Defective morphogenesis of arteries, veins, capillaries, and lymphatic vessels results in vascular malformations, a relatively common congenital malformation. Current therapies are primarily invasive and can produce significant morbidity. Most vascular malformations are due to post-zygotic (mosaic) activating mutations in a few oncogenes (PIK3CA, KRAS, MAP2K1, others) in the PI3K-AKT and RAS-MAPK pathways. These mutations are never present in DNA derived from white blood cells, the most common sample for genetic testing, making molecular diagnosis challenging. Long-term, our goal is to improve treatment of individuals with vascular malformations. The proposed experiments advance that goal by expanding diagnostic options for VM patients and dissecting cellular and spatial heterogeneity in vascular malformations, using novel, cutting edge technologies.
Our first aim i s to determine if non-invasive ?liquid biopsies? of plasma derived cell-free DNA can detect mosaic mutations in individuals with vascular malformations. Since mutations driving vascular malformations are typically present only in the malformation itself, an invasive surgery or biopsy is currently required for diagnosis. Since a molecular diagnosis is required to guide targeted drug therapies (such as PI3K or AKT inhibitors, for which clinical trials are currently open), developing non-invasive diagnostics for vascular malformations would have immediate patient impact. Next, we will study how gene expression changes in single cells in vascular malformation tissues and integrate this information with each cell's mutation status, using a novel, multi-omics method. We will also use techniques that allow us to visualize how gene expression changes in two and three dimensional space within vascular malformations. Since only a small fraction (1-10%) of cells inside vascular malformations typically possess the driving mutation, these experiments will help us understand how small cell populations can produce large, multicellular malformations. We have assembled a multidisciplinary team with non-overlapping areas of expertise to accomplish these goals. Our experiments will be performed using samples from a large, pre-existing biorepository of vascular malformation samples rich in clinical data. We expect this work to expand our understanding of vascular malformations and vascular biology specifically, and the nature of mosaicism more generally.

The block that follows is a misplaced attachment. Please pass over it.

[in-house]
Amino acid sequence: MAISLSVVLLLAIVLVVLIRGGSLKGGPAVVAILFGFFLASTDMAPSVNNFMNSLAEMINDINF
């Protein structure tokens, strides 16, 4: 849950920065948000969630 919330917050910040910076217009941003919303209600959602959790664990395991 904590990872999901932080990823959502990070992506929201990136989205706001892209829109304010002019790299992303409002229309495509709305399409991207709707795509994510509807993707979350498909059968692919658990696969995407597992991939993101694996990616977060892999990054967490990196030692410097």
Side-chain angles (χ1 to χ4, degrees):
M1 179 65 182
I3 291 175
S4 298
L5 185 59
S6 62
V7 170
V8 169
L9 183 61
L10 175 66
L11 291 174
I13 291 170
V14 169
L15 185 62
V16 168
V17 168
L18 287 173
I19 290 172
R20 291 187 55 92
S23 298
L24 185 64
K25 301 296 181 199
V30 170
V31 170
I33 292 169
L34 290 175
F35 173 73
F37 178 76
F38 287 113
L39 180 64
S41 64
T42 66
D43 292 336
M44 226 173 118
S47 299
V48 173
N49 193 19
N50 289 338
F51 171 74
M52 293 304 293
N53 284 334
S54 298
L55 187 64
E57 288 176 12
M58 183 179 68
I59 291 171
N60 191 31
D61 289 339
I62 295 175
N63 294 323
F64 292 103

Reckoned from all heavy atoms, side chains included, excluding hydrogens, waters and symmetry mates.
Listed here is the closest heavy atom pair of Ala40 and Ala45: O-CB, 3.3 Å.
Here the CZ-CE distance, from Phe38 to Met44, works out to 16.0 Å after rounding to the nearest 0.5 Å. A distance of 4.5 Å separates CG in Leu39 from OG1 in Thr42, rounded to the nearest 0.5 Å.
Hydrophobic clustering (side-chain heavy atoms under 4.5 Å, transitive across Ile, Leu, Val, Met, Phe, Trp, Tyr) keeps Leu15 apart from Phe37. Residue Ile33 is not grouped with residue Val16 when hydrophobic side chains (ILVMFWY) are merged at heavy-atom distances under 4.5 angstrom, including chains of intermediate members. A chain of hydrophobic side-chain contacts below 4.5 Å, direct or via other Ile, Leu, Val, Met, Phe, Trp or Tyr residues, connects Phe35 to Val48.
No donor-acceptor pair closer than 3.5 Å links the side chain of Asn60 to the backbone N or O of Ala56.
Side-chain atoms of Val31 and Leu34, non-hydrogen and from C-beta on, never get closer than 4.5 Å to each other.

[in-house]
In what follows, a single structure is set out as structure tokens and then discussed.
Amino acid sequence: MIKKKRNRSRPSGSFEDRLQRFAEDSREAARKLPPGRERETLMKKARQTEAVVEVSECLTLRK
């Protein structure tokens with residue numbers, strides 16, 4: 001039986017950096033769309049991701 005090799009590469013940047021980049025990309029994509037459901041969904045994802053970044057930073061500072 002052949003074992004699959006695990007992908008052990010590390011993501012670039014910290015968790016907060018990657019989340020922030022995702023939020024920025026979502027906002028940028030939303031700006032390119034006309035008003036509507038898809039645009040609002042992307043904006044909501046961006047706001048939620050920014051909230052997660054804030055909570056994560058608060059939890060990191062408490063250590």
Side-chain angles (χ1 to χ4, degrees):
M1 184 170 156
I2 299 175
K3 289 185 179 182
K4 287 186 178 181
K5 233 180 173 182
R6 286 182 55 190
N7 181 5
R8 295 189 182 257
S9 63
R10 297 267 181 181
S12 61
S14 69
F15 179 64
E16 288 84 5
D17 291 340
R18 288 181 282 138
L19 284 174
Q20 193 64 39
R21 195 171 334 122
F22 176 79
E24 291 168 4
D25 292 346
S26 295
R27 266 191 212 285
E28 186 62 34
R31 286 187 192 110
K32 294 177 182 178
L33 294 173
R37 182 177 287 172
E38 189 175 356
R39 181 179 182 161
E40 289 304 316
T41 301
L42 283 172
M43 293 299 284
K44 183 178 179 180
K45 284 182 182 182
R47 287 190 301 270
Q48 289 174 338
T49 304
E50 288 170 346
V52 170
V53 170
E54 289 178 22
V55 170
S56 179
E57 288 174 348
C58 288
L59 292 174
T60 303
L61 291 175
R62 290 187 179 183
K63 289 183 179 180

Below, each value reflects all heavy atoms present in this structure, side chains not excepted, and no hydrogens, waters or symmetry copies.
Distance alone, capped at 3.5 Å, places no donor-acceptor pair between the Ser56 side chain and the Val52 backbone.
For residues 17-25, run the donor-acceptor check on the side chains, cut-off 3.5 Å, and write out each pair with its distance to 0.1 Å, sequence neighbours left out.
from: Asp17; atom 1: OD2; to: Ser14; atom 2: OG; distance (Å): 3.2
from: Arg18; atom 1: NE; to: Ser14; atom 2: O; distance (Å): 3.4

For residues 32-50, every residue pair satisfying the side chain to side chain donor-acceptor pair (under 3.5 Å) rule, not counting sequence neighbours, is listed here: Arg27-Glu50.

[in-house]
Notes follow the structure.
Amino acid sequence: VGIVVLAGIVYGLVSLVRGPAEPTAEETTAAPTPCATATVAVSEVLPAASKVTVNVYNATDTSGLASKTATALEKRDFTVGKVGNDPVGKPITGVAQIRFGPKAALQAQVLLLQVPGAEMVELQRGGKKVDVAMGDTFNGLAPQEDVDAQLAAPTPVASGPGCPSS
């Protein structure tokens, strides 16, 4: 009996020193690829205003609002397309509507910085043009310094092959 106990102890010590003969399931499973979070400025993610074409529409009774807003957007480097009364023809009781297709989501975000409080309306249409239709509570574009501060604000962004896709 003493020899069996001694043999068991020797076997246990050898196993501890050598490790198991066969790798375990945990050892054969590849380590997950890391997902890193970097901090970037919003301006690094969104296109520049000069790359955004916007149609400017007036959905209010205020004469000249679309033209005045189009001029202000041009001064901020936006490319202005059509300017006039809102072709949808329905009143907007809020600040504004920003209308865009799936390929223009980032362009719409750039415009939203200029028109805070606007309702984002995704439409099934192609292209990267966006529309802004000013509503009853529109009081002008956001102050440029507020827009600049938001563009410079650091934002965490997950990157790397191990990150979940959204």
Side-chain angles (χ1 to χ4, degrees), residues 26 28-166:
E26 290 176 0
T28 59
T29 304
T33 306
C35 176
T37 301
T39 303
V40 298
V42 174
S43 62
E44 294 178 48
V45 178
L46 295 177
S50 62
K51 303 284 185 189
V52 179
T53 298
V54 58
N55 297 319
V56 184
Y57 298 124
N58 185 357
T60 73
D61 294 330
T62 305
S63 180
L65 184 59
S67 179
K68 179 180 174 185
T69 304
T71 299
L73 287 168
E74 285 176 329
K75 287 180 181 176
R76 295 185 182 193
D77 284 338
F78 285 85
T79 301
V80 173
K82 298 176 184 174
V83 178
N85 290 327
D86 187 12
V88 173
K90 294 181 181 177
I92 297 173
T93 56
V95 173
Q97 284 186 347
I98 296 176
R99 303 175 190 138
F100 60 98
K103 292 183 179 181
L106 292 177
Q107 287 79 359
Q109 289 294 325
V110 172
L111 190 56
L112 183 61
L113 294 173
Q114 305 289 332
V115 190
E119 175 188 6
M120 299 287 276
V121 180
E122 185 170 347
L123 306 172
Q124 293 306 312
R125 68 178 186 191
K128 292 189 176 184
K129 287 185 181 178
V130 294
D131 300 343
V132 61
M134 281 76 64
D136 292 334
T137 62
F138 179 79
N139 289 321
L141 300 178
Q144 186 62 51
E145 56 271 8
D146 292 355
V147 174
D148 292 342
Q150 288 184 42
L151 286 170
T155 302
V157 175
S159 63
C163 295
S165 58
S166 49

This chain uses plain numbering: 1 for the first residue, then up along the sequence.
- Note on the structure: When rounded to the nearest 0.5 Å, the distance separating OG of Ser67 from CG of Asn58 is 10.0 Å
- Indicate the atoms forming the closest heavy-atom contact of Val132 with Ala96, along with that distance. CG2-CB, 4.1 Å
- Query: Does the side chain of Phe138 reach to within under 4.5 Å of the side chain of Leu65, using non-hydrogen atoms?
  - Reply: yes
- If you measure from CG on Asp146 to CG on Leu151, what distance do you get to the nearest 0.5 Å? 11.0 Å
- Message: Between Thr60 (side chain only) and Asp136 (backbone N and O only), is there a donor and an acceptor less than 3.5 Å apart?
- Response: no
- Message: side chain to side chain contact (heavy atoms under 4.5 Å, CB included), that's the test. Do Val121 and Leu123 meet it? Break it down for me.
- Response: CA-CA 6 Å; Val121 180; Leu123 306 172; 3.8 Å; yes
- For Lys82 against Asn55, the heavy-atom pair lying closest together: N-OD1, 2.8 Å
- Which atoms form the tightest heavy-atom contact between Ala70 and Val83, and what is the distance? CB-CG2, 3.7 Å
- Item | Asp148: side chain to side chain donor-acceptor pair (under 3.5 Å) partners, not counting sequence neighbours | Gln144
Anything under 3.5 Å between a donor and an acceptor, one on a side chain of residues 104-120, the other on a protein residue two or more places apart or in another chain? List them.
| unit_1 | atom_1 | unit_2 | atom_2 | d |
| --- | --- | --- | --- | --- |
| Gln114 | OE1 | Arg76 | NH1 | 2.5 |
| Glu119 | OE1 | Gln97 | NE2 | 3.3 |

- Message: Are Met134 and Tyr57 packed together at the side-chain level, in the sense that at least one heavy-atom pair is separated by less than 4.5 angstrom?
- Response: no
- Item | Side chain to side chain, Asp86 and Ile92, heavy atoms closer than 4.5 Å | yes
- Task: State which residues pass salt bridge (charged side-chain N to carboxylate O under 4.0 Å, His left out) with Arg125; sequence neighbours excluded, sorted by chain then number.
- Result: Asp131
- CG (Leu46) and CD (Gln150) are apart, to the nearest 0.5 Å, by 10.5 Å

Vascular malformations occur when there is abnormal development of the body's blood or lymphatic vessels. They are a relatively common birth defect and can produce significant health issues in children and adults. By developing new diagnostic methods and trying to understand how these malformations form in the first place, we will expand available treatment options and improve the lives of individuals with vascular malformations.
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